Location: Chemistry ResearchTitle: The influence of light on small hive beetle (Aethina tumida) behavior and trap capture) Author
Submitted to: Apidologie
Publication Type: Peer reviewed journal
Publication Acceptance Date: 10/17/2011
Publication Date: 7/10/2012
Citation: Duehl, A.J., Arbogast, R.T., Sheridan, A.B., Teal, P.E. 2012. The influence of light on small hive beetle (Aethina tumida) behavior and trap capture. Apidologie. 43(4)417-424. Interpretive Summary: Small hive beetles are an important pest of bee hives and honey processing facilities in the Southeastern United States. They are particularly problematic when they decrease the success of queen rearing operations and lower the value of honey in processing facilities. The adults move between hosts but the larvae cause damage to equipment and eventually cause colonies to abscond. Scientists at the Center for Medical, Agricultural and Veterinary Entomology, ARS, USDA in Gainesville, FL, are developing integrated pest management tools to better control small hive beetle populations. By adding light emitting diodes (LEDs) to current traps and developing new traps to hold LEDs we were able to make the traps more effective. Out lab trials indicate that the improved traps can bring about 10 and 20 fold increases in trap capture of adults and larvae respectively. These traps will enable better research through more sensitive sampling and help stakeholders improve their honey and hive yields through better pest control.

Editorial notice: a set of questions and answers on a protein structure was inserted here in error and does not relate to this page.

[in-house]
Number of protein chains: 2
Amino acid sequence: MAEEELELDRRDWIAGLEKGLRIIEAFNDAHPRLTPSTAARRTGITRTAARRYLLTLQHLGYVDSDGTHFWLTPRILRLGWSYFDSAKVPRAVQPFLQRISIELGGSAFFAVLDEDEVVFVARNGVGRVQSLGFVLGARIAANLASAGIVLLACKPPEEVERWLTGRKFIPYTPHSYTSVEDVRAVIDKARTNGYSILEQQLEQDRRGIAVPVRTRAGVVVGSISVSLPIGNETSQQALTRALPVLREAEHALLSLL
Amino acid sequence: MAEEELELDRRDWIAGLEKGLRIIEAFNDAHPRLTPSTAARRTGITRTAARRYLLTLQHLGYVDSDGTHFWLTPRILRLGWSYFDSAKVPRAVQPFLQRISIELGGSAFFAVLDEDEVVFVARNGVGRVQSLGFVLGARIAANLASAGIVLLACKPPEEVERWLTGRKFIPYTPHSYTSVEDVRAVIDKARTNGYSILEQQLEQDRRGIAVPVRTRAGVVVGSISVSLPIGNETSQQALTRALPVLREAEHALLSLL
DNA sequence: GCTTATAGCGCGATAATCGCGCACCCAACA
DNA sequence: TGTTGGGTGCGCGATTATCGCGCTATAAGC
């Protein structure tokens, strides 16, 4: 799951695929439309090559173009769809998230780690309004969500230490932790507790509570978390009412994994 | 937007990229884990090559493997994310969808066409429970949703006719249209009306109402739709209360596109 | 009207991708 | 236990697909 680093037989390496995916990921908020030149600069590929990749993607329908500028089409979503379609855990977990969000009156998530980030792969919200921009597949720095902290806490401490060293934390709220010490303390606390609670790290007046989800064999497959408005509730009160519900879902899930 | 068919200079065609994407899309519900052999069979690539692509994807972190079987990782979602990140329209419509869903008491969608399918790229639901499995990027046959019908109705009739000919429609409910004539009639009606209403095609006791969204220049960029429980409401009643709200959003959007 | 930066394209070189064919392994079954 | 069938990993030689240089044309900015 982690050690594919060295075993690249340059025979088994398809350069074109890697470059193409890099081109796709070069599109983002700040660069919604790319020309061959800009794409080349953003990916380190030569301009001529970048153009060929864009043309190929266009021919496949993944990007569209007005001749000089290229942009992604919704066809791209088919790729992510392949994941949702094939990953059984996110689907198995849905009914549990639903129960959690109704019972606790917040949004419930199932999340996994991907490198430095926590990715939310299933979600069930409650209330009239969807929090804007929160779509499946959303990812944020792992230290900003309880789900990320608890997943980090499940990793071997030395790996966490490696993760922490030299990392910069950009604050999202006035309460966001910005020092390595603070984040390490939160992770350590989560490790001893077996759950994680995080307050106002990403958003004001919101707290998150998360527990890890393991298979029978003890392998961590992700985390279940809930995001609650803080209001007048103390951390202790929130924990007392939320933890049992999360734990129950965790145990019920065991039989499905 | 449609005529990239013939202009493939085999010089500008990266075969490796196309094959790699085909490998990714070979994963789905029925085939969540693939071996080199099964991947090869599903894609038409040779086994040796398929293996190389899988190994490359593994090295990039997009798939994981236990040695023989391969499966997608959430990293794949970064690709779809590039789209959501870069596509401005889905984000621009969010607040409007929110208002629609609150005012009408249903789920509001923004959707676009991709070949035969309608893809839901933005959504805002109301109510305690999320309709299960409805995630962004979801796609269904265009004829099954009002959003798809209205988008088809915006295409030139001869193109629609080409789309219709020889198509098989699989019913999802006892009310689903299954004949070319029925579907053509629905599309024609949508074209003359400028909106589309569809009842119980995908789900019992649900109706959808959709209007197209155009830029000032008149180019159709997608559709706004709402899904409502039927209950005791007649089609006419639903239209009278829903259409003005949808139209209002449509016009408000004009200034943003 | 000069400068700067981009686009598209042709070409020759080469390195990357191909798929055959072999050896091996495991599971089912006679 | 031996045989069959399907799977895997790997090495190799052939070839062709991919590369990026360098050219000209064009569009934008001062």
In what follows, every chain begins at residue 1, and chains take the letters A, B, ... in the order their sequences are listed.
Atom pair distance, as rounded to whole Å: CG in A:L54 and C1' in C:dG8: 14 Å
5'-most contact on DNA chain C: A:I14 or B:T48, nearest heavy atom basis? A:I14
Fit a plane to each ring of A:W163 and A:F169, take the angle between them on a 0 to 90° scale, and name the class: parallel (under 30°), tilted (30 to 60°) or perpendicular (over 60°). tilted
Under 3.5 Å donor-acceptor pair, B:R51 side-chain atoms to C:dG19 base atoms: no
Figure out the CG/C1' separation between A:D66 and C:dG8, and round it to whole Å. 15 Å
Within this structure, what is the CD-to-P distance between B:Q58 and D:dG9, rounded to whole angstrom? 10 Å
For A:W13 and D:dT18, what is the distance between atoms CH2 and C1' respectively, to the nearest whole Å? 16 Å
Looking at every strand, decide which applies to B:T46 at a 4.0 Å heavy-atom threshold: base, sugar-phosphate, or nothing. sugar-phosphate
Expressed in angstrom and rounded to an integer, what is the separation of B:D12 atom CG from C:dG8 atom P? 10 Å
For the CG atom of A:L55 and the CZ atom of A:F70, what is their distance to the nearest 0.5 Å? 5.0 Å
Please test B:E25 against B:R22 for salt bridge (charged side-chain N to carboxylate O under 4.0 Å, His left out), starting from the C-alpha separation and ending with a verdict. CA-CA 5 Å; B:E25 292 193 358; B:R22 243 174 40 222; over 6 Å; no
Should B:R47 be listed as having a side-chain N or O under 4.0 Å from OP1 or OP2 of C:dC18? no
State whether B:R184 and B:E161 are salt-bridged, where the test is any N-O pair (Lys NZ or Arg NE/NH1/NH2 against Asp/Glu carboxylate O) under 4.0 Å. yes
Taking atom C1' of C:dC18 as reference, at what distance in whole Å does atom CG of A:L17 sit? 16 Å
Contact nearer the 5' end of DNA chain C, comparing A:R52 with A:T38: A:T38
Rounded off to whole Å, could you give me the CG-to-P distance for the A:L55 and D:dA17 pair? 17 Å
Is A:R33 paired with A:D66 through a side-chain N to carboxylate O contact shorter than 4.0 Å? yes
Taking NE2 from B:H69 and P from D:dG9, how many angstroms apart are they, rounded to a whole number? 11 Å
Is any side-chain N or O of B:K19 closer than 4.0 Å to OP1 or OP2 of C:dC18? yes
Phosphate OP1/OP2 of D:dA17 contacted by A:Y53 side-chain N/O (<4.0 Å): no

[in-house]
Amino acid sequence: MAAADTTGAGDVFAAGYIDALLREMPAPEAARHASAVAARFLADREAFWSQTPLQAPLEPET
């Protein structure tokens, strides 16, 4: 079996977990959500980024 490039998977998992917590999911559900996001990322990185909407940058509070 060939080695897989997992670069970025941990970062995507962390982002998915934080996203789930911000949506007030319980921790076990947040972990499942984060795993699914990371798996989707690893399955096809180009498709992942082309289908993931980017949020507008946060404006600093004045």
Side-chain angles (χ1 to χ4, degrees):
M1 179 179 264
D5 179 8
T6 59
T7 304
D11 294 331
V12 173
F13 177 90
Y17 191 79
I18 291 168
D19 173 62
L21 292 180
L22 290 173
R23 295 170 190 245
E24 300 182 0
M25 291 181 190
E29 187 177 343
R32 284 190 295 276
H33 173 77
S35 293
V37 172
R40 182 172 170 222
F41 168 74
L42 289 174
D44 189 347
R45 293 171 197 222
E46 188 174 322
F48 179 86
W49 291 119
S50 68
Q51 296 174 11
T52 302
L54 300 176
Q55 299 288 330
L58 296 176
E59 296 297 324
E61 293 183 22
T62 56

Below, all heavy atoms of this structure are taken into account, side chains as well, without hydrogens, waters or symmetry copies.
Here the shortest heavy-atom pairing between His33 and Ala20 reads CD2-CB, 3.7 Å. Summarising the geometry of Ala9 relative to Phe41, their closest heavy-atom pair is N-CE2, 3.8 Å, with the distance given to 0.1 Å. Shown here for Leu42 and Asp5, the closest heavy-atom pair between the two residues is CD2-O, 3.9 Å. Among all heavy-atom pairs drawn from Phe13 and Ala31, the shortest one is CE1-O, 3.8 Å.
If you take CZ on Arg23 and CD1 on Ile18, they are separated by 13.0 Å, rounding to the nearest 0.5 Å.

Technical Abstract: The small hive beetle (Aethina tumida, Murray) is a major pest of honey bee (Apis mellifera) colonies, particularly in the Southeastern United States. We evaluated the small hive beetle’s (SHB) response to different wavelengths of the light spectrum and found that SHB larvae and adults were most attracted to the 390nm wavelength. Early instar larvae were not significantly attracted to light, while wandering larvae and adults exhibited strong positive phototaxis. The light response of the non-feeding larval stage indicates readiness to leave a hive and search for pupation locations. Laboratory competitive trapping trials showed that light increased trap catches more than 10 fold for adults and 20 fold for larvae compared to traps without light. Trap efficiency for larvae in dark sheds was 73%. Field trials demonstrated different features of photo-attraction; at field sites hanging traps with LEDs incorporated into the capture area did not capture more adults than unlit traps. Light traps in enclosed spaces effectively trapped both adults and larvae. Light shows promise for beetle control in locations where comb is stored or honey extracted.